I was sick and you took care of me – Matthew 25:36
By Rev. Taylor Croissant
Pensions and policing are among the top issues of the 2023 Alberta provincial election, but Medicare may end up as the defining issue. The United Church of Canada was a vocal advocate for the initial adoption of Medicare, though it was a divisive issue at the time of its introduction. Medicare emerged in response to two separate crises: polio and the Great Depression.
It is common for many Canadians to mistake what Medicare actually is. We do not receive ‘free health care.’ Our taxes pay for universal medical insurance. Health care is delivered by physicians, typically running private clinics, and they bill that universal medical insurance for the cost of the services. Provincial governments and physicians negotiate the fees that Medicare is charged for services.
Not all medical needs are covered by Medicare’s universal insurance, and some are only partially covered. Some examples are dental care, mental health, vision and hearing care, and physiotherapy. With infinite resources, all of these needs could be fully met with our universal medical insurance; however, we live in a world of finite resources. In order to keep costs manageable some services are determined to need additional private funding.
Today, the strain on medical resources is being felt across the English-speaking world. Access to timely health care is not just an Albertan issue or even a Canadian issue. There are not enough physicians, nurses, or hospitals to accommodate the needs our society faces as the Boomer generation continues to age. The Covid-19 pandemic revealed the fragility of our entire healthcare system.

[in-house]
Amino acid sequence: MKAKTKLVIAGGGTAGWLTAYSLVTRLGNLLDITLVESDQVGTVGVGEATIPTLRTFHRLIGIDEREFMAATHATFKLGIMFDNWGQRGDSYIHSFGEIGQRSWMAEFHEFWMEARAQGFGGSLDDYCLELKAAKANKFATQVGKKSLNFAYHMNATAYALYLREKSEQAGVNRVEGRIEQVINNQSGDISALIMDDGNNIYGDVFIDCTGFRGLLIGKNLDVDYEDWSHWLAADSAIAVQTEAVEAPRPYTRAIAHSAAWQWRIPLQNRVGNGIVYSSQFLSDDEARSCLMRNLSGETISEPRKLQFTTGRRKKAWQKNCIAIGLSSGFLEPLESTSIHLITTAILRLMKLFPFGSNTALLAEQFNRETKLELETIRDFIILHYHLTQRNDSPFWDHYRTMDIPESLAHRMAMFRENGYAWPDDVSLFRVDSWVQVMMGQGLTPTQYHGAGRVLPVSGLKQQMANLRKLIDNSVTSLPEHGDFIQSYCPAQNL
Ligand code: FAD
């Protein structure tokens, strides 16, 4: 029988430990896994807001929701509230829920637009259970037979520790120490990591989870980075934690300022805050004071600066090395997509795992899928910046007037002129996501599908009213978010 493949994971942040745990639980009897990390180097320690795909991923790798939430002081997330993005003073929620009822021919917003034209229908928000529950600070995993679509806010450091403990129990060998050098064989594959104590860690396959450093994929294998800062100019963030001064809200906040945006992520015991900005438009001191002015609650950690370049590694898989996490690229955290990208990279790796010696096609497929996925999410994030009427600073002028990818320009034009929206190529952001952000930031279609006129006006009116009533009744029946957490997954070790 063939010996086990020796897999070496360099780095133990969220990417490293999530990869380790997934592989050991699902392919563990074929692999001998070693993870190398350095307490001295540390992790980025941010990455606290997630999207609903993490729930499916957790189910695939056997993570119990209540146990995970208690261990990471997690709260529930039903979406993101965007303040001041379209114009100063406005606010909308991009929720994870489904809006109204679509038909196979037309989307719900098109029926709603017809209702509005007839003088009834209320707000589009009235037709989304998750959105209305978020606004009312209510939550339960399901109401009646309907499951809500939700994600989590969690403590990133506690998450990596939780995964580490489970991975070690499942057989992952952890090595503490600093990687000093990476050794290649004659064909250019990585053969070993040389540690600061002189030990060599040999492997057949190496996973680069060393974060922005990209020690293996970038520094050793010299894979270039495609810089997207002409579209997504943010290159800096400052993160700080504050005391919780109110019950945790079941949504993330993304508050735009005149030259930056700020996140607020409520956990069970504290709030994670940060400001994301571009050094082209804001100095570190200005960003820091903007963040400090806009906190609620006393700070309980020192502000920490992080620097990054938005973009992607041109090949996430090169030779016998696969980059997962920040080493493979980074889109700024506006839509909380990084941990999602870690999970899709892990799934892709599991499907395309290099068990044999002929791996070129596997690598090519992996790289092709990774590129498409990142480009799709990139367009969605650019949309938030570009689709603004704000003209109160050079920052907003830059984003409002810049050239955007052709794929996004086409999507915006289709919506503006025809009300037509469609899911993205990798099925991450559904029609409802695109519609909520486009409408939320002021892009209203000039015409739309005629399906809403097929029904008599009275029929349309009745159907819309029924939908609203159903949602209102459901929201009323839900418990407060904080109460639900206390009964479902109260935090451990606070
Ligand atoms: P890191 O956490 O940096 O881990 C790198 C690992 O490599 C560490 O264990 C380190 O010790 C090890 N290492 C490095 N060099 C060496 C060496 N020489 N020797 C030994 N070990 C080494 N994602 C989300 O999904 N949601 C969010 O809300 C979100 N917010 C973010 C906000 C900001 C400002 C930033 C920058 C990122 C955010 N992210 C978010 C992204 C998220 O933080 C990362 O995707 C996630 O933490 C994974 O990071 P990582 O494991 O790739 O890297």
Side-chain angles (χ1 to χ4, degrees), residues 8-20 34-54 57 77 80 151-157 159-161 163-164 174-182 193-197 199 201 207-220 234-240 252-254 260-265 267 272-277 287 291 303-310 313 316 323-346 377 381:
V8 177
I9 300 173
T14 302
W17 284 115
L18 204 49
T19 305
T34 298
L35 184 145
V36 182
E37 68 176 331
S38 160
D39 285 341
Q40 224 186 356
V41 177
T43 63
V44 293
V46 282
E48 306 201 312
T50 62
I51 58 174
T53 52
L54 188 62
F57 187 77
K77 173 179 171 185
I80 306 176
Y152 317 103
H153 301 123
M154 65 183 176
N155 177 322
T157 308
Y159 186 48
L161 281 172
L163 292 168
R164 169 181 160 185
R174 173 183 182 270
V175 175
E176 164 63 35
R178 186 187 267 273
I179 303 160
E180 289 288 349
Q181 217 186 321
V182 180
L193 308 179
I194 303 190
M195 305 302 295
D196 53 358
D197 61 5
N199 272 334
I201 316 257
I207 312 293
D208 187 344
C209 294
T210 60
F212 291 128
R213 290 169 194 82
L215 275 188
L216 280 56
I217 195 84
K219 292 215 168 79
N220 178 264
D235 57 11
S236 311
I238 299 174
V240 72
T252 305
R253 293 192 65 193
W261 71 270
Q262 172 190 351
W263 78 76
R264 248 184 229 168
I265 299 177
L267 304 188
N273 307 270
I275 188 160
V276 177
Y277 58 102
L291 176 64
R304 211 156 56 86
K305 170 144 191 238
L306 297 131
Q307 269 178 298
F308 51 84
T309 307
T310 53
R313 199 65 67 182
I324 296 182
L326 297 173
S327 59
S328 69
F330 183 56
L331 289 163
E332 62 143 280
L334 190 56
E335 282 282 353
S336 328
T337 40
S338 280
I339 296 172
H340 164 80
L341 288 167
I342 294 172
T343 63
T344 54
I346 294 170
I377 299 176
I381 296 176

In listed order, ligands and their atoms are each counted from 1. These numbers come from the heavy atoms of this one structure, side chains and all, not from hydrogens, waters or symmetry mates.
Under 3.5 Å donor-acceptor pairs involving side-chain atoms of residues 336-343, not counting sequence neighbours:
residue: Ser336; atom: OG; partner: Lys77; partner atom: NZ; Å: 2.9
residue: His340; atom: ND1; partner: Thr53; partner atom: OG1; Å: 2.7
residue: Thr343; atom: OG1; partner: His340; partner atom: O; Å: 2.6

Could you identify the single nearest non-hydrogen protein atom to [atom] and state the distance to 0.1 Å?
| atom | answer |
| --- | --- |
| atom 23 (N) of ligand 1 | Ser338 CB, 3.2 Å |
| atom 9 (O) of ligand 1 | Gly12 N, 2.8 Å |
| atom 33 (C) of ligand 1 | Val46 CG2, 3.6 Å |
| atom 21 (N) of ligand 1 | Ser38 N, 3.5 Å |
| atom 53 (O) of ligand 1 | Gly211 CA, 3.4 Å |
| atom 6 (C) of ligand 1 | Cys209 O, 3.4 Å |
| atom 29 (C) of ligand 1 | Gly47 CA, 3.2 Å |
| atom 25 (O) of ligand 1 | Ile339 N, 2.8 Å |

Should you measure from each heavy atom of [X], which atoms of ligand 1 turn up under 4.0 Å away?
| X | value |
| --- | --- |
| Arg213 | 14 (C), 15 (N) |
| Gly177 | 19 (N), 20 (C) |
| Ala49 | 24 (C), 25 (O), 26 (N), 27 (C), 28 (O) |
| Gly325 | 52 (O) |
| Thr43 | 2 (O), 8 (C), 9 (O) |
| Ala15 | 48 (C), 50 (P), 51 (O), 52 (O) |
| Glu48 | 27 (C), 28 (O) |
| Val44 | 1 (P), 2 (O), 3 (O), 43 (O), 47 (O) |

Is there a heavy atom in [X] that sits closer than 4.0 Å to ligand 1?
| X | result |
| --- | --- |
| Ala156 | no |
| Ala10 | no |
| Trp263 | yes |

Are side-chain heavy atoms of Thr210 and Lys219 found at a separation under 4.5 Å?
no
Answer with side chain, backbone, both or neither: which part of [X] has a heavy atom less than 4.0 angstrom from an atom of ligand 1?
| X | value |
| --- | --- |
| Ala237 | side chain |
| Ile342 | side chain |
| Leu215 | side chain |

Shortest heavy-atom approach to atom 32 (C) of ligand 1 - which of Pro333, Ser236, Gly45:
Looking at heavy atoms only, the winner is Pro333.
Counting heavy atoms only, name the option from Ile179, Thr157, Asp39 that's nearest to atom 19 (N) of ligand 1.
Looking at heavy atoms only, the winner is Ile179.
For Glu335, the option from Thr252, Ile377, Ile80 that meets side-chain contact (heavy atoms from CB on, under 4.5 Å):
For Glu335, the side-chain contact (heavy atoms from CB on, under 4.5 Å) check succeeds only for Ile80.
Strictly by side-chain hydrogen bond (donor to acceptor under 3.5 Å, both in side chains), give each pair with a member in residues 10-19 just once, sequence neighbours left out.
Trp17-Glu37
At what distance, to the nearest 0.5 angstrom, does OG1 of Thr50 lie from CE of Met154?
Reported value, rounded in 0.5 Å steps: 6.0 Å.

Due to the backlog in surgical wait times, more and more Albertans are opting to pay privately by going abroad to jump to the front of the line for medical services. This growing trend threatens to undermine the values of Medicare which The United Church of Canada advocated for 70 years ago.
To put it bluntly, access to universal medical insurance and the timely delivery of health services determines who lives and who dies prematurely in our society. The United Church of Canada can very much be described as a comfortably middle-class church, many of those who sit in our pews would have the financial means to pay for private medical care if the need became great enough. As a church and as a society, do we still believe in the value of universality for Medicare? Should the timely delivery of health care be determined by need, or by personal finances?
In order for Medicare to accommodate the growing need of providing universal health care to Albertans, more resources will be required. However, as mentioned, we do not live in a world of infinite resources. Where will we find the balance in addressing this issue?
As Christians, we are instructed by Jesus to look beyond our own needs and to support those around us who are most in need. What does Christ call us to do to ensure that those whose health has made them among the most vulnerable in our society are assured of dignity and timely medical care?
Rev. Taylor Croissant is minister at Southminster United Church, Lethbridge and a member of the Chinook Winds Region’s Executive.
You are welcome to print copies of The Christian Case for Medicare. A PDF version is available to download.